I think one of the hallmarks of a good critic is when they can separate their personal and subjective opinions from the technical and objective facts of an experience. Similarly, I think one of the hallmarks of a good game is where the quality of the product is such that I cannot help but be impressed even if I don’t have fun. This isn’t the same thing as a product like Spec Ops: The Line, where I recognise full well that the story arc is meant to confront grim topics of the human condition, and where the ability of the game to draw me in despite its poor mechanisms reflected its excellent narrative elements. I liked Spec Ops: The Line because I felt it was a powerful statement about a genre of video games that I felt deserved to hear it. I was, essentially, a choir to which Spec Ops: The Line could preach.
The Walking Dead, on the other hand, has nothing for me… but it’s a fantastic game nonetheless. It’s not that I’m against any of the elements within TWD; it’s a point-and-click-as-if-most-games-aren’t does-this-word-mean-anything-adventure game, a genre I like a great deal. It’s innovative in how it approaches major plot points compared to other games of the same ilk like Monkey Island and Full Throttle. It also works from an existing, stable canon, which is reasonably internally consistant and remarkable for its treatment of character in a story that normally strives to be short, drawn out long. TWD is, essentially, a remarkable collection of positive traits.
I don’t want to give examples of how the game handles things, partly because choice, and how players do – or don’t do – things is part of how the game’s plot changes. It’s a deep game, and a cheap one, with replay value, a focus on character drama and a short-term common-sense approach to point-and-click puzzle solving. It rewards some element of exploration, but also restrains the player in time-sensitive contexts. Conversations, like real conversations, have timers, meaning you can fuck things up by not committing to actions. This draws the player in to paying attention as conversations happen, and control is given to you and taken away from you in equal measures in order to force that attention. Sometimes, things will become more complex in a classic movie way – you can fumble and drop a shotgun shell, and have to pick it up again, while something bears down on you. These would be irritating in a game that was less well-paced, would feel like they were designed to pad out run time, but in this game, they’re used to increase tension.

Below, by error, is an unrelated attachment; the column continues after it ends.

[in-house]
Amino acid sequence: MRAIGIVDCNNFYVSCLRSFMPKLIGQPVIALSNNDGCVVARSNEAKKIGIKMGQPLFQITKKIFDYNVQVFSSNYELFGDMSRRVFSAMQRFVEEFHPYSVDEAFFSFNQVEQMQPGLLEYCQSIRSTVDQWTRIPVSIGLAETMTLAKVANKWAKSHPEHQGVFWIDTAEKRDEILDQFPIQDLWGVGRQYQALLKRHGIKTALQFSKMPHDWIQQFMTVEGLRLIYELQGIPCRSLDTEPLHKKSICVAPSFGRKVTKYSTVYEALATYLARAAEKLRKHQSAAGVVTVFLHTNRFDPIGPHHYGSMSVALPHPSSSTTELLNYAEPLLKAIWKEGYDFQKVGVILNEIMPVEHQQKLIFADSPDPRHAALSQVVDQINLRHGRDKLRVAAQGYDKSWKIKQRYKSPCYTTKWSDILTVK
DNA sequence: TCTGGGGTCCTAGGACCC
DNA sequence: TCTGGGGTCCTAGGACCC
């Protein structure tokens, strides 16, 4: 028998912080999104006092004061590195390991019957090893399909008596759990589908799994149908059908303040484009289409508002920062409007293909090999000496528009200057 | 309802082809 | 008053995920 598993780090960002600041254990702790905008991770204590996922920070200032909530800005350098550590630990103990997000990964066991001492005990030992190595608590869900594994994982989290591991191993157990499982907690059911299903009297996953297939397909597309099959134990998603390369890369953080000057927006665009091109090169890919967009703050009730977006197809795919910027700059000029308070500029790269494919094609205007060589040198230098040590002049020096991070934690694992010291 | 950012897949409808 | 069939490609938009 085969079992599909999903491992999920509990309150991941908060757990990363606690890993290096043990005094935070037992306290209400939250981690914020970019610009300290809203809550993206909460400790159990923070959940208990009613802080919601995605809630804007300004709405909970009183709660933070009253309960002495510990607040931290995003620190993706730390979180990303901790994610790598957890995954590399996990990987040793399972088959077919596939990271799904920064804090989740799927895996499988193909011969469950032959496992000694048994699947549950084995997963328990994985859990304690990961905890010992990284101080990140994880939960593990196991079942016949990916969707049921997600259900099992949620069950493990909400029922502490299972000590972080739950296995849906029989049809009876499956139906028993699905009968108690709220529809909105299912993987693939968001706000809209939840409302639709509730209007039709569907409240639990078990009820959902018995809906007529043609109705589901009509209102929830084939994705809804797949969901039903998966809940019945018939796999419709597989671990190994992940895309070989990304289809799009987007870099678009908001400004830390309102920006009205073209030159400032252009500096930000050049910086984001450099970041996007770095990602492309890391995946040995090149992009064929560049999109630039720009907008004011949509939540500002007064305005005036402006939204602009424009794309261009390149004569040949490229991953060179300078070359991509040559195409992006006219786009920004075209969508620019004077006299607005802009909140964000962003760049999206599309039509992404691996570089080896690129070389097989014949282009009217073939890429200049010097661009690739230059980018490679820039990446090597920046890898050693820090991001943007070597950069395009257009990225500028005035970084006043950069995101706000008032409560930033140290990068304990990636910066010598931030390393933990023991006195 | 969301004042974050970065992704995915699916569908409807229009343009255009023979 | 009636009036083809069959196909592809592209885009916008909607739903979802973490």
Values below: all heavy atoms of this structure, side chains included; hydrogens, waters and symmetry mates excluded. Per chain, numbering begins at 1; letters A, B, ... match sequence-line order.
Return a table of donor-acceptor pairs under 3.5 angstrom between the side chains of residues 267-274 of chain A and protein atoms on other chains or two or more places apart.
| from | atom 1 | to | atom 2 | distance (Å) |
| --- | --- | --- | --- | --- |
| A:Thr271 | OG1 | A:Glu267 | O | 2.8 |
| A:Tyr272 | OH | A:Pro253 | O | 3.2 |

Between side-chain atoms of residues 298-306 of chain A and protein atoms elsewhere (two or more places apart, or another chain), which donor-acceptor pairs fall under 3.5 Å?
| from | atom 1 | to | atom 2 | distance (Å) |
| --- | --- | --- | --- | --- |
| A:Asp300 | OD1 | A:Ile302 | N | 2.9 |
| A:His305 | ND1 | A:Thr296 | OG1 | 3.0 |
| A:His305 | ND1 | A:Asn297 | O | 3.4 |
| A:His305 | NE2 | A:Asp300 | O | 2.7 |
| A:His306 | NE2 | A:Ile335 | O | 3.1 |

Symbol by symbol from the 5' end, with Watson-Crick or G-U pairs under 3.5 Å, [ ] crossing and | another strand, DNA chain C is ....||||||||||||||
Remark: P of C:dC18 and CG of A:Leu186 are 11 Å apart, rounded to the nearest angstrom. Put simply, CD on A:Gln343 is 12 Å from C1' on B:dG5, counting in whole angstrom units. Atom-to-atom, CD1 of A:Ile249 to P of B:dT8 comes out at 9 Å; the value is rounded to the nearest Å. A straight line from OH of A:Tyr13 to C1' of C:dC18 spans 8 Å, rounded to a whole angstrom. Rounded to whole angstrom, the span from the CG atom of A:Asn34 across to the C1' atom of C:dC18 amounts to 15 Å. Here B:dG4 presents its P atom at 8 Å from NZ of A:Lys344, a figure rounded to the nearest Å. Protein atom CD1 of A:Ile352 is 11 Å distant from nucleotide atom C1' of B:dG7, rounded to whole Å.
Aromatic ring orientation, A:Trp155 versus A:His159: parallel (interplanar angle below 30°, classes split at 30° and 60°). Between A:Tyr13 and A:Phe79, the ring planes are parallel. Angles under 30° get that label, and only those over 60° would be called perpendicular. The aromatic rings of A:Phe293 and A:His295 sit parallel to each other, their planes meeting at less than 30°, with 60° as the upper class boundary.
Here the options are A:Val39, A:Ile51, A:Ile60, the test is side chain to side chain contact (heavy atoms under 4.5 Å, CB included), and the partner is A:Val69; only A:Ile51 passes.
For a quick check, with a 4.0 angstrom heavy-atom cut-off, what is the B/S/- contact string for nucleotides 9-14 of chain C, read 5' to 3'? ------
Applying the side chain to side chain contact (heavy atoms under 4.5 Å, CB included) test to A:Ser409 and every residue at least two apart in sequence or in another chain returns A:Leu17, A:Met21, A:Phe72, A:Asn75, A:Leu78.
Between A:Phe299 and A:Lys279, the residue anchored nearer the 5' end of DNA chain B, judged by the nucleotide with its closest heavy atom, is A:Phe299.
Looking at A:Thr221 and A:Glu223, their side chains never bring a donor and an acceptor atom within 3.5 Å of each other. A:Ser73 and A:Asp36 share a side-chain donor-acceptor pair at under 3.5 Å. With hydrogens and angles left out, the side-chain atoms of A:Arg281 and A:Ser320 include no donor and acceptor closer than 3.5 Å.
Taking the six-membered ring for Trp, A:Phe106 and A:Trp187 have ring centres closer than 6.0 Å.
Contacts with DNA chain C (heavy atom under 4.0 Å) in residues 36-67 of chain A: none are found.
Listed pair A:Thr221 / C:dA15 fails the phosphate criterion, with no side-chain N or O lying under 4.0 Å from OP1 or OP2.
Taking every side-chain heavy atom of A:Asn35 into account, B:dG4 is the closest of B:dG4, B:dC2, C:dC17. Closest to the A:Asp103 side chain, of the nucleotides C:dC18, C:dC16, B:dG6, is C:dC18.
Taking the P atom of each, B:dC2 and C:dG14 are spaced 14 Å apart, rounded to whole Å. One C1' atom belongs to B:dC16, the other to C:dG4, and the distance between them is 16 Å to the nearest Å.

Why then, did I start with hedging? Why was I nervously talking about games of quality versus games of personal enjoyment? Because The Walking Dead‘s subject matter is to me, excellently excecuted crap. Zombie Apocalypse fiction is a genre which has, essentially, one story, with varying depictions of understanding of scale. While World War Z broke new ground, discussing the notions of governmental control, the applications of military failures, the infamously controversial Battle of Yonkers, any ‘on the ground’ Zombie Apocalypse story summarises as People Are Assholes To One Another In The Wake Of A Society-Destroying Event. I’ve seen that story; I’ve watched it happen, and it always happens the same way. Children appear so they can mournfully say ‘I like my daddy and being alive,’ then we watch in horror as the sanctified protections of the society in which we live are stripped away, oh, terrible tragedy.
Essentially, TWD is a very typical example of a story within its framing device. It’s excellently made – characters have depth and character arcs, there’s a good handling of the culture and background, things like racism and paranoia and loss of families and there’s non-stereotypical treatments of characters of all walks of life… but none of this quality rises above its source. It’s despair porn, and it simply doesn’t do anything for me. While I laud the game’s design, and I want other people to play the game just once to experience the excellent interface and branching storyline, I am nonetheless ambivalent to the game as a game.
An opinion I’ve withheld is whether or not the game is a good buy for an existing fan of the series. I don’t know, because I’m not a fan of the TV series The Walking Dead, nor the comic books. Are these the same characters? I don’t know.
Buy it if:
- You’re an afficionado of story-and-dialogue driven character-based video games.
- You like Zombie Apocalypse fiction.
- You want to take notes for how to make a good adventure game narrative.
Avoid it if:
- Zombie Apocalypse fiction doesn’t interest you.
- You favour puzzle games with perfect solutions, and like to take your time finding them.
- You dislike tension and fast social decisions with uncertain outcomes.